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UMass Lowell, MassArt Students Compete in Solar Decathlon

Team Massachusetts Takes on International Competitors This Week in Washington


Contacts:    Christine Gillette, UMass Lowell, 978-934-2209,
                   Laura Van De Pette, Brownstein Group for Saint-Gobain Corp., 267-238-4118,

A group of UMass Lowell students is putting its engineering skills to the test this week in Washington, D.C., competing in the U.S. Department of Energy’s biennial Solar Decathlon Competition. 

They are part of Team Massachusetts, which includes UMass Lowell engineering students and Massachusetts College of Art and Design architecture students. The team is one of 19 from across the globe and the only one from Massachusetts chosen to participate in the competition, which challenges participants to design and construct solar-powered houses that are innovative, affordable, energy-efficient and attractive.

Over the past 18 months, Team Massachusetts has designed and built a 1,000-square-foot house — called the 4D Home — for a family of three that is completely powered by the sun. The goal is to eliminate energy costs for its inhabitants and maybe even create a surplus of power. The structure is designed to adapt to the New England environment and over time, to a family’s needs. The house is on display and open for tours at the National Mall’s West Potomac Park until Sunday, Oct. 2.

Saint-Gobain, the world’s largest building materials company, has provided crucial support to Team Massachusetts. As the lead sponsor, Saint-Gobain has donated more than 30 building products, largely from its key subsidiary, CertainTeed Corp., North America’s leading manufacturer of exterior and interior building products, as well as from its other businesses: Saint-Gobain Abrasives, Saint-Gobain ADFORS, Saint-Gobain Performance Plastics, Meyer Decorative Surfaces and Norandex. In addition, the company has offered building science expertise to assist Team Massachusetts. 

“We are inspired by Team Massachusetts’ efforts and share its vision that we should collectively seek to expect more from our buildings – making them more efficient, durable, sustainable and healthy,” said John Crowe, CEO of Saint-Gobain and Certain-Teed corporations.

“We are grateful to Saint-Gobain and its companies for their support of Team Massachusetts,” said UMass Lowell Chancellor Marty Meehan. “Their contributions to the project helped make our students’ participation in this international competition possible. This kind of hands-on, real-world experiential education is one example of why UMass Lowell students are world-ready and work-ready when they graduate.”

The team’s 4D Home features photovoltaic panels to generate electricity, a solar-thermal water heater to provide hot water, thick walls to allow for more efficient insulation, a heat pump and exchanger for cooling/heating the house in summer and winter, and super energy-efficient windows, appliances and lighting. The students hope the 4D Home will serve as a model for builders and designers creating sustainable dwellings in the Northeast. More on the project can be found at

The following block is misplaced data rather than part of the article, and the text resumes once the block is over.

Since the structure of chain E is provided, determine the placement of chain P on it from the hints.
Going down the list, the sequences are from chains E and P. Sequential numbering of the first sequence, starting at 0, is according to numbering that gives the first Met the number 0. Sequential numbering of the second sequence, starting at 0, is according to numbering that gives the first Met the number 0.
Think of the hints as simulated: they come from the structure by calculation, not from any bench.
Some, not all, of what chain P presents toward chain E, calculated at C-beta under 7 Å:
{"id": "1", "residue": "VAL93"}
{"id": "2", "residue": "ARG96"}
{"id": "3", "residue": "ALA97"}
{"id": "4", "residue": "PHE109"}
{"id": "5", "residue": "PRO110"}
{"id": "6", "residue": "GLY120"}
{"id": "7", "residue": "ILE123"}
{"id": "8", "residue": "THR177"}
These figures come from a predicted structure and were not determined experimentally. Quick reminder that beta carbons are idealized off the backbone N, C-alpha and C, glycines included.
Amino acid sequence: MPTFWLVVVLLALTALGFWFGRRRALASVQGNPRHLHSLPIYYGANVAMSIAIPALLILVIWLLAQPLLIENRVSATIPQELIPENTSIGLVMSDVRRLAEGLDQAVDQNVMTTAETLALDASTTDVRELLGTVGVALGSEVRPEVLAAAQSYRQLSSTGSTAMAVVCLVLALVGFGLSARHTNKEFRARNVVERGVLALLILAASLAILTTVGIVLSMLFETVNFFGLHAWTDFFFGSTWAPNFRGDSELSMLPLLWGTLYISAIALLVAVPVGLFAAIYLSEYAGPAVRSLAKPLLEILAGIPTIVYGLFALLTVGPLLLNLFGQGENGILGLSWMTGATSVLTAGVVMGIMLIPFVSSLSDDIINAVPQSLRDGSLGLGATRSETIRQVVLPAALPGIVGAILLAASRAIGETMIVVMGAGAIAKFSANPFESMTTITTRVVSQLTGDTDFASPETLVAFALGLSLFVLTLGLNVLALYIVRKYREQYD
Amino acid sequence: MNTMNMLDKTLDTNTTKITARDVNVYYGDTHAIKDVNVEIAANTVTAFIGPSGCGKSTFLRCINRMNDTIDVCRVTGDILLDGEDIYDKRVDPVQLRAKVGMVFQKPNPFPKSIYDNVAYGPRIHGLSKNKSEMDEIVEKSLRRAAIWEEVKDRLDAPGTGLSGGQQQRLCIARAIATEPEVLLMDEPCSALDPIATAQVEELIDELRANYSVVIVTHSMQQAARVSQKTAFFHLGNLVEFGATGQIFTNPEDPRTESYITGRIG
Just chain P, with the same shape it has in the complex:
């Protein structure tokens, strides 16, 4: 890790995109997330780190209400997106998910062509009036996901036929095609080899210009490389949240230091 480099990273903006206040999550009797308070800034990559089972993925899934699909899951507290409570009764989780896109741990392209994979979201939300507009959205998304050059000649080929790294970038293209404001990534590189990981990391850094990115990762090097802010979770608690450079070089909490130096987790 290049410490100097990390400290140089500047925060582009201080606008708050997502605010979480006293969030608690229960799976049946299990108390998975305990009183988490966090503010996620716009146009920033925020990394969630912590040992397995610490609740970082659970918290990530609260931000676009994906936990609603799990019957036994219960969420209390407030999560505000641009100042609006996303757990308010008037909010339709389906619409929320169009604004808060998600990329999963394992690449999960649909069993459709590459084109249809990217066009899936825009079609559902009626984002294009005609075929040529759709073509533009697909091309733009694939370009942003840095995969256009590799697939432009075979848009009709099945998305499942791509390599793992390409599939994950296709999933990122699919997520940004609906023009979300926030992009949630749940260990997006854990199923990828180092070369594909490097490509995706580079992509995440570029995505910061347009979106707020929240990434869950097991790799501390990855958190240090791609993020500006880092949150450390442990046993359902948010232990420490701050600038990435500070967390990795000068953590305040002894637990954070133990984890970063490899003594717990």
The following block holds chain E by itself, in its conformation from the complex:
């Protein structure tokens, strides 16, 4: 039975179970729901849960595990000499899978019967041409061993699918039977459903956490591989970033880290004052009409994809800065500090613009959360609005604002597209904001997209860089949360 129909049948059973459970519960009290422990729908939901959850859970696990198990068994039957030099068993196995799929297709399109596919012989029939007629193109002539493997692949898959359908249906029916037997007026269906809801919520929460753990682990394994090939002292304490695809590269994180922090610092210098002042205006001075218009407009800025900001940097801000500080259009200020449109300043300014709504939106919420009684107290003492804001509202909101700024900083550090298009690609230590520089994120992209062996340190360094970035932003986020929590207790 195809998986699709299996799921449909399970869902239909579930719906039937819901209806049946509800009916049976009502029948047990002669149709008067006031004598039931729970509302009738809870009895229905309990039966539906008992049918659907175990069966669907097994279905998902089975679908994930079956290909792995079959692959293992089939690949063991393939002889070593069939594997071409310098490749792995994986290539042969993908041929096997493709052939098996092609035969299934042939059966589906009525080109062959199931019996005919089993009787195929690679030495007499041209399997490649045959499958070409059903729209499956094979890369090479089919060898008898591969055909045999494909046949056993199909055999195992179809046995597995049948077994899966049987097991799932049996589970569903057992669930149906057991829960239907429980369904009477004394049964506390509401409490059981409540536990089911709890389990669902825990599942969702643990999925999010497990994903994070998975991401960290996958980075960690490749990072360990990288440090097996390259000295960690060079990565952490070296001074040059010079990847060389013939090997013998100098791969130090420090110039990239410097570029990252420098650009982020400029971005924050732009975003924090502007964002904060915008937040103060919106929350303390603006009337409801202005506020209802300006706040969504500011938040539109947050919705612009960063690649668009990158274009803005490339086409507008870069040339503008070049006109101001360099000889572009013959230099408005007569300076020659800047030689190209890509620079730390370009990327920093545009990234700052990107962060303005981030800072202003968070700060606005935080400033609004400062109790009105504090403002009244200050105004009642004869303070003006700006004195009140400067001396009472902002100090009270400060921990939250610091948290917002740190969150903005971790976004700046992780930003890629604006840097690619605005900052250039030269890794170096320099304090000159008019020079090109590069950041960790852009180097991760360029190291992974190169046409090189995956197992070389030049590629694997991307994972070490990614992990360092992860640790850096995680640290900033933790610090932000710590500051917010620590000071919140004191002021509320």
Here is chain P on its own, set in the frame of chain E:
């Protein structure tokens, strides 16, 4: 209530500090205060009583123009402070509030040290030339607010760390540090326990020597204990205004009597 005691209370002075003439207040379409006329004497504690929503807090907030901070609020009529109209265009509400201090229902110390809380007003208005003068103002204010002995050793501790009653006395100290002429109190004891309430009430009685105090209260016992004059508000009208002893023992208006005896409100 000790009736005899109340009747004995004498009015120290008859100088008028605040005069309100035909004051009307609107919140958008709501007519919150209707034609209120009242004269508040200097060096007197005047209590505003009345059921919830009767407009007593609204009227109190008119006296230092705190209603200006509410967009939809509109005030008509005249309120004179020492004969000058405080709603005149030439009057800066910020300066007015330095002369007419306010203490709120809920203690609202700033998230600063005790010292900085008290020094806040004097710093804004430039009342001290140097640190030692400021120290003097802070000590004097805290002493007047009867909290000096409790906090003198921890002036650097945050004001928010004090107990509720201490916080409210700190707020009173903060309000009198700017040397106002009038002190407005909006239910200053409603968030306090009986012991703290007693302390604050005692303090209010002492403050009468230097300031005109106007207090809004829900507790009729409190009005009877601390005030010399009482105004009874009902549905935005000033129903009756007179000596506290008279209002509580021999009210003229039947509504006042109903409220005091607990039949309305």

“The decathlon is an outstanding event and project,” said Walter Thomas of Londonderry, N.H., a UMass Lowell doctoral candidate in solar energy engineering. A retired Air Force lieutenant colonel originally from Laconia, N.H., Thomas is participating in the contest as the team’s project engineer. “It provides the American public an opportunity to see solar technology firsthand and it offers a unique learning opportunity for college students to participate in a large-scale project involving a wide spectrum of technologies.”

About UMass Lowell

UMass Lowell is a comprehensive, national research university located on a high-energy campus in the heart of a global community. The university offers its 15,000 students bachelor’s, master’s and doctoral degrees in engineering, education, fine arts, health and environment, humanities, liberal arts, management, sciences and social sciences. UMass Lowell delivers high-quality educational programs, vigorous hands-on learning and personal attention from leading faculty and staff, all of which prepare graduates to be ready for work, for life and for all the world offers.

About Saint-Gobain in North America 

Saint-Gobain, the world’s largest building materials company, has its North American headquarters in Valley Forge, Pa. As the world leader in sustainable habitat, Saint-Gobain is committed to inventing solutions to help professionals and communities around the world build and renovate comfortable, healthy, economical and energy-efficient buildings. The company has more than 265 locations in North America and approximately 19,000 employees. In the United States and Canada, Saint-Gobain reported sales of approximately $7.3 billion in 2010. 

Saint-Gobain’s family of companies in North America includes CertainTeed Corporation, which offers the most comprehensive portfolio of interior and exterior building products in North America, as well as Saint-Gobain Abrasives, Saint-Gobain ADFORS (previously known as Saint-Gobain Technical Fabrics), Vetrotech Saint-Gobain North America, Saint-Gobain Glass, Saint-Gobain Solar, Saint-Gobain Performance Plastics and more.

Recognized as a 2009 and 2010 ENERGY STAR Partner of the Year by the U.S. Environmental Protection Agency, Saint-Gobain earned the 2011 ENERGY STAR Sustained Excellence Award, the highest level of recognition for outstanding contributions to protecting the environment through energy efficiency. For information about Saint-Gobain in North America, visit